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Error Correction Methods with Political Time Series

  • Taylor Grant (a1) and Matthew J. Lebo (a2)
Abstract

While traditionally considered for non-stationary and cointegrated data, DeBoef and Keele suggest applying a General Error Correction Model (GECM) to stationary data with or without cointegration. The GECM has since become extremely popular in political science but practitioners have confused essential points. For one, the model is treated as perfectly flexible when, in fact, the opposite is true. Time series of various orders of integration–stationary, non-stationary, explosive, near- and fractionally integrated–should not be analyzed together but researchers consistently make this mistake. That is, without equation balance the model is misspecified and hypothesis tests and long-run-multipliers are unreliable. Another problem is that the error correction term's sampling distribution moves dramatically depending upon the order of integration, sample size, number of covariates, and the boundedness of Yt. This means that practitioners are likely to overstate evidence of error correction, especially when using a traditional t-test. We evaluate common GECM practices with six types of data, 746 simulations, and five paper replications.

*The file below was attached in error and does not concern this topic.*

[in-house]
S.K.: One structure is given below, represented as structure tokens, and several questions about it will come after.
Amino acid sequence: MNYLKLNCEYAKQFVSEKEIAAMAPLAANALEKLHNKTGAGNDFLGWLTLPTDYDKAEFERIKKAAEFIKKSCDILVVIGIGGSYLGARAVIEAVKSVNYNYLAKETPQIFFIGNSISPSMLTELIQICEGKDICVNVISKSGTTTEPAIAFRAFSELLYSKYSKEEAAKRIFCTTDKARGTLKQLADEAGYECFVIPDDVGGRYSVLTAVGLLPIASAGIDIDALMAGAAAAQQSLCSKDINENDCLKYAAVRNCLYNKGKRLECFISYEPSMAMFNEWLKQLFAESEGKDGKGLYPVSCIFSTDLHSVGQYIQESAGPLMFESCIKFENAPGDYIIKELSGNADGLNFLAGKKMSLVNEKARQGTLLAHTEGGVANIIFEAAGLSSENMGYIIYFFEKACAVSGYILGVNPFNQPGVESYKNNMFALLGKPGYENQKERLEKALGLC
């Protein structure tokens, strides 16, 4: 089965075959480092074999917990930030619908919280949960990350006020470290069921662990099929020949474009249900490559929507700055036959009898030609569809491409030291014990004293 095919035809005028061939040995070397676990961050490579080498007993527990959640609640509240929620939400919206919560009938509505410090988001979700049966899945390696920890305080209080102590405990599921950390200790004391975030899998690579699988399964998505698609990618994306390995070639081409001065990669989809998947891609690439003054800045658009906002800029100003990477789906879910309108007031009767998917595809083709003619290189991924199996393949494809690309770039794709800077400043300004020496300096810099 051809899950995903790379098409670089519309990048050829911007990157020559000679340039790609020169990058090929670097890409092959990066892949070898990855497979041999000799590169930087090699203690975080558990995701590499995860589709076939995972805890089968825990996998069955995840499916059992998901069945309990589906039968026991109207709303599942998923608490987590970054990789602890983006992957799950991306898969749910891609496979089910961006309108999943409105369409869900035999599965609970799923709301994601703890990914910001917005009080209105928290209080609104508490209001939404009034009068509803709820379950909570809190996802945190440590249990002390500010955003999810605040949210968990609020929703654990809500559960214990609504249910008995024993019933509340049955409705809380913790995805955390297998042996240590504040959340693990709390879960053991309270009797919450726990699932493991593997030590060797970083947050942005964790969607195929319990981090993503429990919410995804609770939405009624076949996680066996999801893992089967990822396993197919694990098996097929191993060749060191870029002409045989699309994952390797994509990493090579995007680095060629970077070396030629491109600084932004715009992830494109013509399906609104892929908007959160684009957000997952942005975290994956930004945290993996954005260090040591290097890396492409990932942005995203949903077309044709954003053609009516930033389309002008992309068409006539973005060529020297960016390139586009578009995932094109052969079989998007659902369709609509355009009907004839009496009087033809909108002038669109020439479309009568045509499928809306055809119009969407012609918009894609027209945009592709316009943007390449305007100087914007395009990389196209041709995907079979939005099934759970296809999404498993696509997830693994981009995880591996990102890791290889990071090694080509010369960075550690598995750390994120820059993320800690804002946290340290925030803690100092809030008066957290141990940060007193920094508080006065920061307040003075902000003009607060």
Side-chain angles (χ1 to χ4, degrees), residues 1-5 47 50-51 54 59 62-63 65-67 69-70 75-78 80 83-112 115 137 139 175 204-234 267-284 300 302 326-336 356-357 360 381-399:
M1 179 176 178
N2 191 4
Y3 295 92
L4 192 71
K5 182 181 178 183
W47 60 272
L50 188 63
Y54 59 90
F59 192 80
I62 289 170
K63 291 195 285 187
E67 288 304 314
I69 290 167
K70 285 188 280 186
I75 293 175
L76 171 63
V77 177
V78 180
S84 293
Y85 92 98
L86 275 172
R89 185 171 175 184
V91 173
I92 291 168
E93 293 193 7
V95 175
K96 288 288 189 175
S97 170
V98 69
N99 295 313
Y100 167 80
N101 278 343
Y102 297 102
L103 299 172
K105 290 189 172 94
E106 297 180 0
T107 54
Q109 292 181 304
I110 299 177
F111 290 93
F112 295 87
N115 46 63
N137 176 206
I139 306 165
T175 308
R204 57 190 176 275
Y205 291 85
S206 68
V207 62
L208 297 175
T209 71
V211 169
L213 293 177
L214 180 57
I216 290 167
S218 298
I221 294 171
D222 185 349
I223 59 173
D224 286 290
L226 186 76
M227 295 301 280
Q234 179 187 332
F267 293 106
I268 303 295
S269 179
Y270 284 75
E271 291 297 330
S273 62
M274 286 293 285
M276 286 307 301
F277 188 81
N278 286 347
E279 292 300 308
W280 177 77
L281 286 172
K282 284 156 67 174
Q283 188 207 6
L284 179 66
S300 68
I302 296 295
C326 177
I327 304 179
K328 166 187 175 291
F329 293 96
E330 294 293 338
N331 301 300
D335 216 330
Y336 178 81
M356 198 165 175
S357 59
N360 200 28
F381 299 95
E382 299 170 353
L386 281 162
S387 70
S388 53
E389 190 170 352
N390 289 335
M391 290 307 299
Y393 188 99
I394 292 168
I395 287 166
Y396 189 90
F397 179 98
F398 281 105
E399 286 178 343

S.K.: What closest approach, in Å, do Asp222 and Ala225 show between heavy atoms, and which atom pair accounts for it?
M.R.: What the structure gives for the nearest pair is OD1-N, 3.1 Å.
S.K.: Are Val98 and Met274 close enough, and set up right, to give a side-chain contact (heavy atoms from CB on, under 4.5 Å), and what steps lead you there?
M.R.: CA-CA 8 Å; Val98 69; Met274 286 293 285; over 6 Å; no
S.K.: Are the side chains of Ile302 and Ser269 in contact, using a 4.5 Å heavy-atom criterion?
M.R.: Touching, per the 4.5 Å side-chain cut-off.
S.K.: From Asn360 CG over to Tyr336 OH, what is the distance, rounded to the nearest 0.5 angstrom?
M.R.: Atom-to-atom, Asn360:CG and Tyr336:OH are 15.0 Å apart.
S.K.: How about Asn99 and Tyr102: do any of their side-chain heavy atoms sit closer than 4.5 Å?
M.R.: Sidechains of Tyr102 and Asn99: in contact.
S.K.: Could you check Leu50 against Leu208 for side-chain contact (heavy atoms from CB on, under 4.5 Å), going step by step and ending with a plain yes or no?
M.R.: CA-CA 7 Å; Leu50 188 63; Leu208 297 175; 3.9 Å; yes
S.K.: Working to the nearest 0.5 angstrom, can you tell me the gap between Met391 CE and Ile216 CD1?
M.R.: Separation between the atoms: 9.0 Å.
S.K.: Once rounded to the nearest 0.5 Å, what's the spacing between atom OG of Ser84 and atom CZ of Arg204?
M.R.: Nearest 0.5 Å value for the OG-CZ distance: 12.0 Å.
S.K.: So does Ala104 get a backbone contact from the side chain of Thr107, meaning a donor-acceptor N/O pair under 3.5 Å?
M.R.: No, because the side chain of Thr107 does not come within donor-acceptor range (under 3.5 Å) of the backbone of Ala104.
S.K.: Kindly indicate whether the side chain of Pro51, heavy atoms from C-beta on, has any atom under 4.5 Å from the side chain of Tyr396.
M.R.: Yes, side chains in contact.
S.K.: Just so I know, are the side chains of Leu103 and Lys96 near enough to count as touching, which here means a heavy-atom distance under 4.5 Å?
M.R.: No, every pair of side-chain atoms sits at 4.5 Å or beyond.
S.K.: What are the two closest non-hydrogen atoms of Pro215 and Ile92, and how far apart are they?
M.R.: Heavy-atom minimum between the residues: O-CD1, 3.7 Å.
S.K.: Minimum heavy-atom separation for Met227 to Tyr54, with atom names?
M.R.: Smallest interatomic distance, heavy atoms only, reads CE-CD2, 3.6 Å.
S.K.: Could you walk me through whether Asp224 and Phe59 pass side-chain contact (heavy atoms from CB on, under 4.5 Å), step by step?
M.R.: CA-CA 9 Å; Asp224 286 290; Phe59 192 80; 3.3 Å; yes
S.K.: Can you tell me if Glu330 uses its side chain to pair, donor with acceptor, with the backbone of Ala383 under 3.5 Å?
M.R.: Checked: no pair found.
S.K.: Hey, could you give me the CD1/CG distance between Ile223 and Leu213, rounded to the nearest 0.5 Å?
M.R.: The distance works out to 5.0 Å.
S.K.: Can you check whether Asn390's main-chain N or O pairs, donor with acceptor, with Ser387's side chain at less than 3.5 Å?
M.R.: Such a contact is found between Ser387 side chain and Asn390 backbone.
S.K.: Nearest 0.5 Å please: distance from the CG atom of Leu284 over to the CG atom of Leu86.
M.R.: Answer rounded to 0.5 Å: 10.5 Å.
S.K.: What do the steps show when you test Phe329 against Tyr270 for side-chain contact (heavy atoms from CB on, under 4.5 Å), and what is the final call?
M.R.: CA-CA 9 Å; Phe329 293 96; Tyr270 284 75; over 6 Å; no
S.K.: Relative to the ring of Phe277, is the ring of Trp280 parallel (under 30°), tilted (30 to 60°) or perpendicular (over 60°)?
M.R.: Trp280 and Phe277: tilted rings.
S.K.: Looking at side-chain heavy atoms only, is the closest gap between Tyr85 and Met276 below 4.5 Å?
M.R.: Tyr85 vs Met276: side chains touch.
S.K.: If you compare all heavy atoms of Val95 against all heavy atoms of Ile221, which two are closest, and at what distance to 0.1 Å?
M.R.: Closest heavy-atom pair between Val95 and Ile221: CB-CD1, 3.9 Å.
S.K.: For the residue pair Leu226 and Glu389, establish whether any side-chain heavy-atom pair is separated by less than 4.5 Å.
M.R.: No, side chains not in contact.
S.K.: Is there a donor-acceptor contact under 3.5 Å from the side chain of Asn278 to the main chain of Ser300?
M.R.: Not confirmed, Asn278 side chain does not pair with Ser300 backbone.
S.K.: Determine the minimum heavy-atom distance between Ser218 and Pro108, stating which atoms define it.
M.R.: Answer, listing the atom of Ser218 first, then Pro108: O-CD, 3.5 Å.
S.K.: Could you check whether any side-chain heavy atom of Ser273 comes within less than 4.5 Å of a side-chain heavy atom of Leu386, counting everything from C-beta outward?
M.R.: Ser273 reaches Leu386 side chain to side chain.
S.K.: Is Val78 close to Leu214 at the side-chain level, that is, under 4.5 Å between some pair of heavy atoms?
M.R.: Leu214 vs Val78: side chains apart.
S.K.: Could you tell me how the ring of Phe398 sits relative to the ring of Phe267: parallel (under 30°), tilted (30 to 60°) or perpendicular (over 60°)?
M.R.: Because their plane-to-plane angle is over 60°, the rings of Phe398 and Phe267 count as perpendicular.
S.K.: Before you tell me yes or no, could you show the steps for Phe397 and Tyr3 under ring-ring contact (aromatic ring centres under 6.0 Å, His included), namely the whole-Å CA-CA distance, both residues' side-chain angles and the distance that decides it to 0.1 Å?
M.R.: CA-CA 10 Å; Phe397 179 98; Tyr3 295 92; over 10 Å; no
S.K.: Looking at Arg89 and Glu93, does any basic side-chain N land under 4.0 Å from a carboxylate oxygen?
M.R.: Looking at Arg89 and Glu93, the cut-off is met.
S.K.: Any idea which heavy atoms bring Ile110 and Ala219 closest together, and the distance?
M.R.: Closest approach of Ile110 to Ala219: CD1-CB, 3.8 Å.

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e-mail: matthew.lebo@stonybrook.edu (corresponding author)
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Authors' note: Previous versions of this article were presented at the 2014 meeting of the Midwest Political Science Association, the 2014 meeting of the European Political Science Association, and the 2014 PolMeth conference. We are grateful for helpful comments from Neal Beck, Matthew Blackwell, Janet Box-Steffensmeier, Patrick Brandt, Justin Esarey, Stanley Feldman, Paul Kellstedt, Suzanna Linn, Vera Troeger, and seminar participants at Rice University and Stony Brook University. Replication materials are available online as Grant and Lebo (2016). Supplementary materials for this article are available on the Political Analysis Web site and at: https://sites.google.com/a/stonybrook.edu/matthew-lebo/about/resume/papers.

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